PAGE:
February 2015 – April 2015
Inside this edition:
Is it time to review your finance function?.............. 1
A lesson for us all....................................................... 2
Valuing diversity........................................................ 3
Attribution of personal services income................... 3
International measures to prevent tax evasion......... 4
Terrible excuses for missing tax return deadlines.....4
Is it time to review your finance function?
To be successful, a business needs to strive for profitability and growth. An important element of this is the need to regularly review internal processes and functions. The finance function should be included in that process.
The finance function of any business needs to encapsulate the right tools, systems and processes to provide management with relevant, timely and accurate information to enable effective decision making.
Too often a business’s finance function is ignored because the business continues to operate as it always has. But what may have served your business well when you had 10 customers per month, will not necessarily be fit for purpose if you now have 400 - let alone if you aspire to have 1,000.
For some, current systems may be suitable, for others an investment may be required and this may range from small changes to a major overhaul. In this process it is important to take stock of what is working well and consider what could be improved. Examples to consider include your general ledger and payroll packages and whether your finance related staff still meet your business’s requirements. It may sound harsh, but the bookkeeper you hired 10 years ago (with his abacus) may no longer possess the skills you need as your business has outgrown him.
One of the biggest areas for potential improvement are ‘manual’ operations. Moving from manual processing to automated systems has many benefits. In this day and age, electronic cashbooks, Excel models and add-on’s (examples are inventory management and customer relationship management) need to be considered.
There is no ‘one-size-fits-all’, so there should be a process of identifying the needs of your business, and preparing a wish list of information taking into account its size, turnover, growth and complexity. Different tools can then be designed to perform different functions, some more comprehensive and complex than others.
There are many tools in the market that offer plenty of bells and whistles, so it is important to check that their cost does not outweigh the benefits they provide. Getting the right fit is essential.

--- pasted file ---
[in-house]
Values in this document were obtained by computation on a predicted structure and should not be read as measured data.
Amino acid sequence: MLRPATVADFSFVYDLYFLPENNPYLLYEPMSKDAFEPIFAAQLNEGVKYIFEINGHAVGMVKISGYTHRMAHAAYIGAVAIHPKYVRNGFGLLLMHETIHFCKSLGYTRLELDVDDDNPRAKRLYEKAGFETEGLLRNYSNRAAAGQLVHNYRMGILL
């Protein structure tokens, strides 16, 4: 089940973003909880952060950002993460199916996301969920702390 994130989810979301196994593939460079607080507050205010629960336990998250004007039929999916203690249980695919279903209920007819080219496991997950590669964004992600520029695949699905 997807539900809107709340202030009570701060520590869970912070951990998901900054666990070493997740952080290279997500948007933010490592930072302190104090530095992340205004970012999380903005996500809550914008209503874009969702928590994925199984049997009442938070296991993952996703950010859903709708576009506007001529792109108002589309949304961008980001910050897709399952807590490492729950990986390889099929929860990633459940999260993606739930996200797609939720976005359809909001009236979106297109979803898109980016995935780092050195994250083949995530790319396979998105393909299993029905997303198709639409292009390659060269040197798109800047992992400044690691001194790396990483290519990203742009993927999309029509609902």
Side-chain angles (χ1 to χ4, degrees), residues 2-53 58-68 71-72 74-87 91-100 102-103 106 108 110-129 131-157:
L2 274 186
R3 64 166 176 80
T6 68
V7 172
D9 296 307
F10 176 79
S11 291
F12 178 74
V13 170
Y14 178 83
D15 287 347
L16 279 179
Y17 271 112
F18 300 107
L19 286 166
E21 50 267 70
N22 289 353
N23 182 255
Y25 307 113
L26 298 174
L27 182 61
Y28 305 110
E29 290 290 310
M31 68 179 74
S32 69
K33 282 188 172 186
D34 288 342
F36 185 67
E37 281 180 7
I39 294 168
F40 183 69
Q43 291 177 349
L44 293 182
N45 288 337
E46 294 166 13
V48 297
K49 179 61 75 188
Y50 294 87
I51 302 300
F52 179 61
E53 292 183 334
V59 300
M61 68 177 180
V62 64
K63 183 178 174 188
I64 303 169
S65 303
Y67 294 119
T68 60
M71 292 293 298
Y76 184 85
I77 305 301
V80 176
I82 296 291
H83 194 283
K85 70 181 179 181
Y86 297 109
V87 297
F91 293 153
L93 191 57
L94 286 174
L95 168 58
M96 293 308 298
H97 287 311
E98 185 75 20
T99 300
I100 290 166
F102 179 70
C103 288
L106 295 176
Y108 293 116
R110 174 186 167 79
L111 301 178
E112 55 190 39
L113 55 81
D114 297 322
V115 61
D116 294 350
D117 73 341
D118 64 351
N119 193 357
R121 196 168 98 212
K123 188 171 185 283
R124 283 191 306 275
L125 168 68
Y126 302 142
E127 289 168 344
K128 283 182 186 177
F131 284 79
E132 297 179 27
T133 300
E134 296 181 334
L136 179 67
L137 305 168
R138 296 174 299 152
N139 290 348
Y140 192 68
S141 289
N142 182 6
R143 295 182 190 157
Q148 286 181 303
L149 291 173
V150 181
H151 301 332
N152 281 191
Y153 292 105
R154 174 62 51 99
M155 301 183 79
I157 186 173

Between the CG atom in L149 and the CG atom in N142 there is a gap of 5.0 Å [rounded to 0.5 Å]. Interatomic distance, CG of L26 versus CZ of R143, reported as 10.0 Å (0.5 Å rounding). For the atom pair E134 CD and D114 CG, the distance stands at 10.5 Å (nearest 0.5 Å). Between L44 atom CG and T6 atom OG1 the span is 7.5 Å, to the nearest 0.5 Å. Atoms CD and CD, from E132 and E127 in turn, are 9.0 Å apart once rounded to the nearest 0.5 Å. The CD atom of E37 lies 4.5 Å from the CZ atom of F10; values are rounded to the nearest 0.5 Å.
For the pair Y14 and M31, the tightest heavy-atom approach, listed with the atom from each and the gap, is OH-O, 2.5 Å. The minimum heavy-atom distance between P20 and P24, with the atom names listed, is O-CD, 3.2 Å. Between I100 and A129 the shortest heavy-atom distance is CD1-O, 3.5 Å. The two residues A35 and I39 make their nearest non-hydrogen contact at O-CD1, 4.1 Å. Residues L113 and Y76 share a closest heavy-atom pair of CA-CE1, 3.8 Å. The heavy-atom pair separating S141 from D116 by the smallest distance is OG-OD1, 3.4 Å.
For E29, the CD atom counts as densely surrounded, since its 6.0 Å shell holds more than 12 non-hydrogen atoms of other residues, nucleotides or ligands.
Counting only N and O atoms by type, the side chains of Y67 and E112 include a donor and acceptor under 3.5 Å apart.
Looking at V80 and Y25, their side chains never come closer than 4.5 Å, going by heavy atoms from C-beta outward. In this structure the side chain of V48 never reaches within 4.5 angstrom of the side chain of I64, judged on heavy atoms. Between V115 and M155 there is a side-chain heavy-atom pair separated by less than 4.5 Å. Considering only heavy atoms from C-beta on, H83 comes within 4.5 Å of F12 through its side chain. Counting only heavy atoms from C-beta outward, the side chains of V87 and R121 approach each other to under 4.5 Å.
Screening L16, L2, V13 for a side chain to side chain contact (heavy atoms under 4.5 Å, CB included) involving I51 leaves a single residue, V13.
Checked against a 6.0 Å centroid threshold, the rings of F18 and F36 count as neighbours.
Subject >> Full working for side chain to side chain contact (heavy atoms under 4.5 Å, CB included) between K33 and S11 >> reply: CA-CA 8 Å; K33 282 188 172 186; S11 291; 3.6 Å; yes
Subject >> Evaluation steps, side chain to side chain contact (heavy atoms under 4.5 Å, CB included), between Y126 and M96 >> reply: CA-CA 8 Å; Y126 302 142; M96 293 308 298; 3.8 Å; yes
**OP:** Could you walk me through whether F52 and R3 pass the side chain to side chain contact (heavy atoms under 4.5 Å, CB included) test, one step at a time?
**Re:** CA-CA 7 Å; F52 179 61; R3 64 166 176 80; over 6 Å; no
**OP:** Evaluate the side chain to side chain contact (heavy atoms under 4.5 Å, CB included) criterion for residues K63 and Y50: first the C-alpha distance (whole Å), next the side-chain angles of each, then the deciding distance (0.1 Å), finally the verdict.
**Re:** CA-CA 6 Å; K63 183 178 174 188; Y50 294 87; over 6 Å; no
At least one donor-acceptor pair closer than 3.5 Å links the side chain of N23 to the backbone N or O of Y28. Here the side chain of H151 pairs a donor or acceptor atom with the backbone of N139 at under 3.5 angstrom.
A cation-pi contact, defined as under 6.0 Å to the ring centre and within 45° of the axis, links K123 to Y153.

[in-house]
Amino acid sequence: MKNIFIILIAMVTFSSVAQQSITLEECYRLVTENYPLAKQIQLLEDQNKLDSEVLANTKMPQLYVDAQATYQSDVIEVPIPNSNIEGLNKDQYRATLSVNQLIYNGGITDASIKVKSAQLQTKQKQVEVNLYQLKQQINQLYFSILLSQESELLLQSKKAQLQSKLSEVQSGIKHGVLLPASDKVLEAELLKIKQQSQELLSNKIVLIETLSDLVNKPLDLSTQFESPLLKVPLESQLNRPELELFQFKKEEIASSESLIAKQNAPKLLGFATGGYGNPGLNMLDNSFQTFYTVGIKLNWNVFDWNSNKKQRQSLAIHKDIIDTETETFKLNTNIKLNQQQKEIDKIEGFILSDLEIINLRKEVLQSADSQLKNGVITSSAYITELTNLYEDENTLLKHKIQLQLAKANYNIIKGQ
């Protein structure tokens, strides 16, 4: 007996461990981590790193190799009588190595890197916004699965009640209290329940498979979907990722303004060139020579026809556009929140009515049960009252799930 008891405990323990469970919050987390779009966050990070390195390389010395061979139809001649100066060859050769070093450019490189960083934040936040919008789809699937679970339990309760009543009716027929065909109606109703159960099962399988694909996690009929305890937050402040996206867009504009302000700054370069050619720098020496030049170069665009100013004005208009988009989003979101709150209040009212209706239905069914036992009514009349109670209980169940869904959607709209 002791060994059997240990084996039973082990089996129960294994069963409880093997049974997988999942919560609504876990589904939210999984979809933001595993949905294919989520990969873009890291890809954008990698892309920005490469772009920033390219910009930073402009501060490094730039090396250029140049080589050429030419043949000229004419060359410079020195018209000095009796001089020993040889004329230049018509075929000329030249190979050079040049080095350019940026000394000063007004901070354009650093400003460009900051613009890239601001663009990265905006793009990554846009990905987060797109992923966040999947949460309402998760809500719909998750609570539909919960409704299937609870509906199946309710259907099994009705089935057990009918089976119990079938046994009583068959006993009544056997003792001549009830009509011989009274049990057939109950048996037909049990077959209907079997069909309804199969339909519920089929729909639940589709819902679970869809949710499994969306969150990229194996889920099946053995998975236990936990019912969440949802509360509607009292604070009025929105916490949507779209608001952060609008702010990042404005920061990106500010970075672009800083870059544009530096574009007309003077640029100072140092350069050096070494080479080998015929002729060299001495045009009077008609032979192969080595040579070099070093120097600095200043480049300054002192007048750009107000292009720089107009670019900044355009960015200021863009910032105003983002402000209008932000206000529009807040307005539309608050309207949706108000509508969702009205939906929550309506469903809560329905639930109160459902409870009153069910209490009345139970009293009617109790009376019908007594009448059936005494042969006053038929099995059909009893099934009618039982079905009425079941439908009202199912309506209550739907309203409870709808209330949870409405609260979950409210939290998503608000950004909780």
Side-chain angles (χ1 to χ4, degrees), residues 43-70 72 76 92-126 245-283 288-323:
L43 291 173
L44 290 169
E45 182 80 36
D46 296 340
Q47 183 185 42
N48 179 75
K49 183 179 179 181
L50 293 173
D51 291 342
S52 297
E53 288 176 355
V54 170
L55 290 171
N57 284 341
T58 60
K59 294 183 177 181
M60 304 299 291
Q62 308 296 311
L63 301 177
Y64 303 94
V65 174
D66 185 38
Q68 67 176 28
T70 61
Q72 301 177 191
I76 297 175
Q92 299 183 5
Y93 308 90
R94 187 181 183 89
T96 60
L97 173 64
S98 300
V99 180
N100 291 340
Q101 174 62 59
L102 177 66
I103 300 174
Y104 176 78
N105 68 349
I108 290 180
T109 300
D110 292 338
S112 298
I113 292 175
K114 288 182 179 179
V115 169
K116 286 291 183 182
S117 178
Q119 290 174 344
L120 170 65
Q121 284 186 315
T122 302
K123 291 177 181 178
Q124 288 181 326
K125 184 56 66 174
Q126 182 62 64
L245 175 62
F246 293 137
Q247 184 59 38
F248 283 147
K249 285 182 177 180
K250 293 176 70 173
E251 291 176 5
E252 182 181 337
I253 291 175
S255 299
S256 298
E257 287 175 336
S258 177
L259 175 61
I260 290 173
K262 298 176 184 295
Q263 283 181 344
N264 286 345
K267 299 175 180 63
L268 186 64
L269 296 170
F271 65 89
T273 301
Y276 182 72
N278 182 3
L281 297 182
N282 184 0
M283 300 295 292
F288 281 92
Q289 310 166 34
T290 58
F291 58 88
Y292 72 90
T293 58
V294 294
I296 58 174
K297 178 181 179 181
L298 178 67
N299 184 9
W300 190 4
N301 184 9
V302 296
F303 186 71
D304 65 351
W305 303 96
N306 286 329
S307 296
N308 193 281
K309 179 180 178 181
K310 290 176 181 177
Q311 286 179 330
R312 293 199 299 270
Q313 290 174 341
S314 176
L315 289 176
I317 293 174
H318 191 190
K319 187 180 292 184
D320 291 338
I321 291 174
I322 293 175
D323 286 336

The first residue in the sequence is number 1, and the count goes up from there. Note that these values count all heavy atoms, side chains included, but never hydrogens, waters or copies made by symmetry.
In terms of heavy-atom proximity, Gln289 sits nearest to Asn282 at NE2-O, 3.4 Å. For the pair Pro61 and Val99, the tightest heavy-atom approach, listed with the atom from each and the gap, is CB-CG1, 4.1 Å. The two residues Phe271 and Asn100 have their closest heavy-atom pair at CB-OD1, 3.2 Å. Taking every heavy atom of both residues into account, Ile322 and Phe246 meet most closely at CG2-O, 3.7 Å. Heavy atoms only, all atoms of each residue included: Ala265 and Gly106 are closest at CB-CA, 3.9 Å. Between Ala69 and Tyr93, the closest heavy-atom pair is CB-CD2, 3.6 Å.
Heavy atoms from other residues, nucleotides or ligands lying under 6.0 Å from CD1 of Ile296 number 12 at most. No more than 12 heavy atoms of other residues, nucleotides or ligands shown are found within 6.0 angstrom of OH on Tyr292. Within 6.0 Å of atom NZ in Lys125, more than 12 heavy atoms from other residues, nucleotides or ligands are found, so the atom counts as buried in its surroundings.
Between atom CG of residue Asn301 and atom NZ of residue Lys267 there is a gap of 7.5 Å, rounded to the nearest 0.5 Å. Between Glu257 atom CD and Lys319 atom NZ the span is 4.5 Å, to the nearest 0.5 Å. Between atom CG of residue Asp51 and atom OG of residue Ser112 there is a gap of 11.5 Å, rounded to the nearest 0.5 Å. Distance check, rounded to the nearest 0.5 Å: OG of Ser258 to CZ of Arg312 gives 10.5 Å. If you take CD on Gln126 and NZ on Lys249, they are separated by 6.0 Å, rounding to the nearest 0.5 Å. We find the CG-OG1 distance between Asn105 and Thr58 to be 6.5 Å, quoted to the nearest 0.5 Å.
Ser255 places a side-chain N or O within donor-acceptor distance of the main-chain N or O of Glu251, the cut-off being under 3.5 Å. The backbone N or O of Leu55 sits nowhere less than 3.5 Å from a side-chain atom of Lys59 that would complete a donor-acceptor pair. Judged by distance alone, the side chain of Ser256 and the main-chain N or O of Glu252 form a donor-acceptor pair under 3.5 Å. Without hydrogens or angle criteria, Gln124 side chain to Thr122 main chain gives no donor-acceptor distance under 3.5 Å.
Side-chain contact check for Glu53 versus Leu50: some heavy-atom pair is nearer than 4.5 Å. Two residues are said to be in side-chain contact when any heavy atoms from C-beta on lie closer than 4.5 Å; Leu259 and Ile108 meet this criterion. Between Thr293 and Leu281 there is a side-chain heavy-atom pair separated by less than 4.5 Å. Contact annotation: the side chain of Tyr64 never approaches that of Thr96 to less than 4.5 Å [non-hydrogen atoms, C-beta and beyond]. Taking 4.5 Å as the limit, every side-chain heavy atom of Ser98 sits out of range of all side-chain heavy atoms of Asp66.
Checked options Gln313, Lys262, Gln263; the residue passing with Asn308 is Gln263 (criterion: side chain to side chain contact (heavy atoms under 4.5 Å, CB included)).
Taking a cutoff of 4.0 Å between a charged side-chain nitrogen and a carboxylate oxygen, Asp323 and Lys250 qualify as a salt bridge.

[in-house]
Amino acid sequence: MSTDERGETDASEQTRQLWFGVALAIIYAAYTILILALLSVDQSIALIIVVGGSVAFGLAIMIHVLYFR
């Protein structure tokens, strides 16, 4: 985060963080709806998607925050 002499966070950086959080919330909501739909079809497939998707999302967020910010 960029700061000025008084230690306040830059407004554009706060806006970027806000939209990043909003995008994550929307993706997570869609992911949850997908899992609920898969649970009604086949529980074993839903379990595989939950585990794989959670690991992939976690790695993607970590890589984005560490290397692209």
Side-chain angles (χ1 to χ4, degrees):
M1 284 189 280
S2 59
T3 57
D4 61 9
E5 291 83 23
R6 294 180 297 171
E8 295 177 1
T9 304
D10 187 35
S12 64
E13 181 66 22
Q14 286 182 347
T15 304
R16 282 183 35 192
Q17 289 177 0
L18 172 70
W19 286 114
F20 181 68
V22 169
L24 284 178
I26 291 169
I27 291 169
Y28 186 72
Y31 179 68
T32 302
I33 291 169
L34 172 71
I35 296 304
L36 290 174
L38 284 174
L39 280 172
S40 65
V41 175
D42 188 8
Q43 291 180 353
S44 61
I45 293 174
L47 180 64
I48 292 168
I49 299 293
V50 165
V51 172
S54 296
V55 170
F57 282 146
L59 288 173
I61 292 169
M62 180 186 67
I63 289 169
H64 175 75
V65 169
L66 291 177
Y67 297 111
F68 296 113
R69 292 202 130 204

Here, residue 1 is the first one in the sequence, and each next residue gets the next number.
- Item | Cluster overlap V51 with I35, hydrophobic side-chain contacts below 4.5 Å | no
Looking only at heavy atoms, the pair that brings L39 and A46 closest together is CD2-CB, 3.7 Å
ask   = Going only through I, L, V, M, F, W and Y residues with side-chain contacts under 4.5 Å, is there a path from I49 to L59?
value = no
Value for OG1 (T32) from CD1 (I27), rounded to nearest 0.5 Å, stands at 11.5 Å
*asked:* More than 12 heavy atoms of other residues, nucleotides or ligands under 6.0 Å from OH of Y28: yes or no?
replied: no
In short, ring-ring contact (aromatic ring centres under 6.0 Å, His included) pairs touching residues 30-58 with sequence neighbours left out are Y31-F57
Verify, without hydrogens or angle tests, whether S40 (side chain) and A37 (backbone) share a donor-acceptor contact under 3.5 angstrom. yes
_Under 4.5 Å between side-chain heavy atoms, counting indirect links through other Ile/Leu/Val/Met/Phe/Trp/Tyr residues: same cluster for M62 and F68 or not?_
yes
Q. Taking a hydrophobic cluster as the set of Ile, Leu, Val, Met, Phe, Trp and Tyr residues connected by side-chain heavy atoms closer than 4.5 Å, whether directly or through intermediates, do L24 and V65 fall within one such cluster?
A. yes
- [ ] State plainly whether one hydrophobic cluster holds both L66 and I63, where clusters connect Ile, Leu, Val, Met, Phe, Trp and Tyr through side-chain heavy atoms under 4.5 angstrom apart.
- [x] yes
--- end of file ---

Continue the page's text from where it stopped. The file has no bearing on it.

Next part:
Just as you get a regular warrant of fitness for your car, your finance function should be no different.
A lesson for us all
The "general permission" under the Income Tax Act broadly allows expenditure to be deductible if it is:
incurred in deriving assessable income, or
incurred in the course of carrying on a business for the purpose of deriving assessable income.
A recent Taxation Review Authority (TRA) case provides a strong reminder to us of the importance of ensuring there is a connection (‘nexus’) between the expenditure you deduct for tax purposes and your business or income earning process.
In TRA 008/13, a taxpayer entered into an agreement in 2006 to purchase a block of land for the development and sale of retail units and residential apartments. By June 2007 four deposit payments had been made totalling $1.9m. Before settlement occurred, a number of conflicts arose between the vendor and the taxpayer.
Following several failed attempts by each party to cancel the agreement, they eventually went through a disputes resolution process where they agreed to split the deposit between them. The taxpayer also agreed to pay the vendor’s costs ($70,047). The taxpayer subsequently entered into an agreement to sell the plans for the project, including resource consent, for $650,000; however the transaction was not completed.
The IRD sought to disallow $1.4m of expenditure (including the lost deposit) incurred after 24 July 2008, when the taxpayer ceased negotiations to resurrect the agreement. The taxpayer disagreed with the IRD and the case went to the TRA.
The taxpayer argued:
the expenditure related to a business that operated until at least December 2011,
the agreement was entered into for the purpose of purchasing the land to derive taxable income or alternatively to escape an onerous contract, therefore all expenses are deductible, or
the business was operating in 2007 (the IRD agreed) and the lost deposit was deductible because it was paid at that time.
The TRA decided in the IRD’s favour, concluding that from July 2008 onwards the taxpayer’s focus changed from advancing the settlement of the purchase, to pulling out of the Agreement. From this point the taxpayer ceased being in business, and there was no nexus between the taxpayer’s business and the expenditure.